Gospel for Asia[edit]

Moran Mor Athanasius Yohan Metropolitan with Madhav Kumar Nepal, former Prime Minister of Nepal, on July 9, 2017 at St. Xavier’s School in Kathmandu, Nepal

Gospel for Asia claims to be one of the largest missionary organizations in the world, but is constantly marred by dubious fund distribution and a current RICO lawsuit in federal court, set for trial in 2019.[22] Gospel for Asia adheres to K.P. Yohannan's belief in the efficiency and efficacy of “national missionaries”, or missionaries that are native to the nation or culture being served. The organization’s primary mission fields are those people that live in the “10/40 Window”, referring to longitudinal coordinates consisting of areas in west Africa, India and east Asia.[6]

K. P. Yohannan credits his early work in his native India as inspiration for his focus on the poor and underserved in this region. He states: “In my head I knew all the answers, and Bible became the tool of the trade for me that I would use to teach and preach and I was doing very well. People liked my sermons, but finally I said to myself, ‘I’m not the same person I was when the Lord called me to serve Him. I’m not the same person that I was that walked on the streets of North India weeping over the lost and perishing millions and stayed up all night praying and weeping over a world map. The Lord was gracious enough to talk to us very lovingly, and I realized that he wanted me to go back to America and speak to the ‘Body of Christ’ about the possibility of seeing countries like India, Burma and Bhutan, turn to Christ if only they would become unselfish in praying and helping these brothers by becoming senders.”[8]

Moran Mor Athanasius Yohan Metropolitan is visiting a slum ministry.

From its inception, Gospel for Asia has held to K.P. Yohannan's conviction of the use of national missionaries. The ministry discourages direct missions from outside countries or people-groups, but rather trains and equips missionaries from within distinct cultures. In order to accomplish this, Gospel for Asia claims to have over 56 Bible schools in 10 countries, training over 9000 ministers. In all, Gospel for Asia claims to have trained over 16,000 national missionaries.[23][24][8][25][8]

In addition to training national missionaries, Gospel for Asia incorporates several other ministries such as Bridge of Hope (child sponsorship), Jesus Wells (clean water wells), bible translation, radio and television broadcasts, disaster relief and refugee camp aid.[26][27][28][29]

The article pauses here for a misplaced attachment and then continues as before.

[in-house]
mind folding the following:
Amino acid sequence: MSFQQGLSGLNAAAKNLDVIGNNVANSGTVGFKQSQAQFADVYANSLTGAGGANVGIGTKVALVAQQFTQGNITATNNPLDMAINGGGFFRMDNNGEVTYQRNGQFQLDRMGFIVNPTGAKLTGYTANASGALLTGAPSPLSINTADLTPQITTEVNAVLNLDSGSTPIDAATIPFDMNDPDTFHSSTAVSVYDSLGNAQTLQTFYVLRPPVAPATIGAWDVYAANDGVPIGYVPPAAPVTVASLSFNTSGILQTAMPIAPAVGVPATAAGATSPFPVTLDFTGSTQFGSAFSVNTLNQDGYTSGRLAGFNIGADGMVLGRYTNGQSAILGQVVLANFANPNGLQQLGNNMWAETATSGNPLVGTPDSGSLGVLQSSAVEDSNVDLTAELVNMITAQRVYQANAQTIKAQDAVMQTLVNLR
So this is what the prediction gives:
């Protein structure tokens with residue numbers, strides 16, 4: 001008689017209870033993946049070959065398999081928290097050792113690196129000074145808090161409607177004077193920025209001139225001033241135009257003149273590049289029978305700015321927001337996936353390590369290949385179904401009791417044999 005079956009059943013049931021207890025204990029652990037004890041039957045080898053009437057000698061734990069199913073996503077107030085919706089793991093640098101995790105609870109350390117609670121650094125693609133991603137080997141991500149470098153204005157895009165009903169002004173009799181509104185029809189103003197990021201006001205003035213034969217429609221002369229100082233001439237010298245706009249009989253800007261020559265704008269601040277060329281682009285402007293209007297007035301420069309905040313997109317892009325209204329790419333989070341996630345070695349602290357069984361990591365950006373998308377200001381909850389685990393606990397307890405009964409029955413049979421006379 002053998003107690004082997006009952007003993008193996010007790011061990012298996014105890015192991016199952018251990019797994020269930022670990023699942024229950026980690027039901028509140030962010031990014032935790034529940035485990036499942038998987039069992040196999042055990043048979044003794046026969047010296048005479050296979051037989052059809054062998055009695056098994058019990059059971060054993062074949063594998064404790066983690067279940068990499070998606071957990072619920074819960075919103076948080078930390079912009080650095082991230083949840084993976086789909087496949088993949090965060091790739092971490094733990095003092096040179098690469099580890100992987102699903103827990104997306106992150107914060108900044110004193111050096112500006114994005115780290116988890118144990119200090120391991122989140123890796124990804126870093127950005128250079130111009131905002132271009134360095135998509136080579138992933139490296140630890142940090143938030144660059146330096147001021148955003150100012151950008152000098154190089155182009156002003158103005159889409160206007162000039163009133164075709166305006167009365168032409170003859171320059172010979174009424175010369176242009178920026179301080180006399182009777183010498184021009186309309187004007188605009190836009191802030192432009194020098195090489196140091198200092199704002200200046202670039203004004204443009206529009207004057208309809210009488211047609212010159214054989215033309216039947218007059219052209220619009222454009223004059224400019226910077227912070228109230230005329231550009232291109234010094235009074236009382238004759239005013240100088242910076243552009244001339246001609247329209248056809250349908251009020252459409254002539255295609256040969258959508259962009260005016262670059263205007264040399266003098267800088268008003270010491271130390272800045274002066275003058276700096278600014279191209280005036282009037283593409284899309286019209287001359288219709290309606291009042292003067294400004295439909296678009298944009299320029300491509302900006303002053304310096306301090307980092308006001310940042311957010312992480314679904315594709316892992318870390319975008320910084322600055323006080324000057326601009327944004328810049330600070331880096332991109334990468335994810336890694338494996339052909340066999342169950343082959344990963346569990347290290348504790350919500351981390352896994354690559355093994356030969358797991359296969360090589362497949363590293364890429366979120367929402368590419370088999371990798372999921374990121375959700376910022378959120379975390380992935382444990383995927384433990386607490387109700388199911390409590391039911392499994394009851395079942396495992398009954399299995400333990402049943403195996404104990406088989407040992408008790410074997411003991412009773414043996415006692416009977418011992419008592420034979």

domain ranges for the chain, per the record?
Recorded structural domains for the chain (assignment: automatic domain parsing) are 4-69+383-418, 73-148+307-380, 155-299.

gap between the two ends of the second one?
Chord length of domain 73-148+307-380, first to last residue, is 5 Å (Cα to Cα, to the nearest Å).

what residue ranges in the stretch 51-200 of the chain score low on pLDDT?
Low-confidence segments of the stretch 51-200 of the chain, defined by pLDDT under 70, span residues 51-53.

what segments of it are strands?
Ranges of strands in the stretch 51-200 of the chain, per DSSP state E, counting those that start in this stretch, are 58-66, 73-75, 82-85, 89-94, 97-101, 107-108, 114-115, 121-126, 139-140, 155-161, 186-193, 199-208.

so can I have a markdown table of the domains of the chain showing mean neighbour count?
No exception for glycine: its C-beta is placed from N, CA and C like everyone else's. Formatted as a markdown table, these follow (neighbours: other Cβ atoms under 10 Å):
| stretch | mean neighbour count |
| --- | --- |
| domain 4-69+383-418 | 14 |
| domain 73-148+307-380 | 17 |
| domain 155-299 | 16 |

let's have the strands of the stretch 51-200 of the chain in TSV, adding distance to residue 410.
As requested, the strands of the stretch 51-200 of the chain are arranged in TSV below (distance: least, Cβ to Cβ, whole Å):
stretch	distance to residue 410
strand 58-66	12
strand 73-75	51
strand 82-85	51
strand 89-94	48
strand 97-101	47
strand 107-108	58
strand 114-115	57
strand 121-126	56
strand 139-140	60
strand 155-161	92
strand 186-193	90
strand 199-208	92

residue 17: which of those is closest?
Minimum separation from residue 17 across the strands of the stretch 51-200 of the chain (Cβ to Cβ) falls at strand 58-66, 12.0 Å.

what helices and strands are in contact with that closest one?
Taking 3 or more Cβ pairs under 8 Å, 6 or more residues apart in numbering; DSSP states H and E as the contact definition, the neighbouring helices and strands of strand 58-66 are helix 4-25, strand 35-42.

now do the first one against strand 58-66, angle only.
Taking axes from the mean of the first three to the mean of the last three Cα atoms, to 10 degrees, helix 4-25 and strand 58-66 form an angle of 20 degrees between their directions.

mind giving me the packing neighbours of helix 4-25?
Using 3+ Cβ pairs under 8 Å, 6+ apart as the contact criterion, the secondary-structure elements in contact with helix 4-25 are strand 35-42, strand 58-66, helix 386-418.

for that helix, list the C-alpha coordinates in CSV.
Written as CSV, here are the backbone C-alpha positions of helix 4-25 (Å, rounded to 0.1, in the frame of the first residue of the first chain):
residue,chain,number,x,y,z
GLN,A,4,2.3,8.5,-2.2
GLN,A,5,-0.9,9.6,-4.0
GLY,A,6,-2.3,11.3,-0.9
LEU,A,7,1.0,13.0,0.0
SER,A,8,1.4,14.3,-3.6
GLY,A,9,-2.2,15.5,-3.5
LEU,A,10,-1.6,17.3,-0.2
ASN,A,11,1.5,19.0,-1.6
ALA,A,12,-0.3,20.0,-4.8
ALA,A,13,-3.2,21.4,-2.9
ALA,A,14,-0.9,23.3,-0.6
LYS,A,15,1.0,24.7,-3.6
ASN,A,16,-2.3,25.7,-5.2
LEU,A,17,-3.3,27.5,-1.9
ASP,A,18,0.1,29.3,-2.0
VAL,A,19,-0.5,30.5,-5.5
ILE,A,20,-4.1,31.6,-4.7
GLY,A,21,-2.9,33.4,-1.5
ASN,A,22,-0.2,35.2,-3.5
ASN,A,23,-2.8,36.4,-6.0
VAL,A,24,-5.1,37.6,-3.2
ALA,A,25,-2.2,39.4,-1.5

Court Rulings in India[edit]

The operations of Gospel for Asia and Believers Church were scrutinized after Believers Church purchased a 2,268-acre (9.18 km2) rubber estate in Kerala, India.[30][31] Opponents claimed the church had diverted foreign funds to amass land for itself and for uses other than declared purposes.[32] Further, it was alleged that the rubber estate, which Believers Church purchased from Harrison's Malayalam Ltd., was on leasehold from the government and not saleable.[33] Hence, Believers Church was accused of illegally holding government land.[34] At a later time, Harrison's Malayalam was accused of forging their land title, leading to continued debate about the legality of the sale.[35]

Legal proceedings are still ongoing. “Former Ernakulam District Collector Dr M G Rajamanickam, who was appointed as the Special Officer of the government to confiscate the illegal and excess estate lands under the custody of various companies, had issued an order in May, 2015, confiscating the 2,268 acre of land from Believers’ Church." However, this ruling was appealed and now there is further complication because the local government wants to build an airport on this estate.[36] News outlets are reporting that the local government wants to buy the property. However, it is also reported that "The government does not need permission from K P Yohannan to set up airport in the Cheruvally estate, BJP national executive member V Muraleedharan said."[37]

K. P. Yohannan says that the claims were politically motivated and that the workings of Gospel for Asia and Believers Church are transparent.[38][39] Further, the rubber estate is an investment to help fund social services among underdeveloped communities[31][40] and not a personal land grab as opponents have claimed.

The controversies regarding the purchase of estate have been cleared by the Kerala High Court. The findings pointed out by Dr. M G Rajamanickam in his report have been completely rejected by the court. The court came down heavily on the government and the officer for playing "robin hood" [41]with the owners of the estate. A long standing controversy for Believers Church comes to an end with a clean verdict from the high court of Kerala.[42][43]

US Federal Lawsuits[edit]

There are currently two RICO anti-fraud lawsuits active against Gospel for Asia[44], naming K. P. Yohannan as one of the defendants among other Gospel for Asia leaders.[45] One of the lawsuits has a scheduled jury trial on 4/15/2019. Gospel for Asia continues to deny any wrongdoing.[46]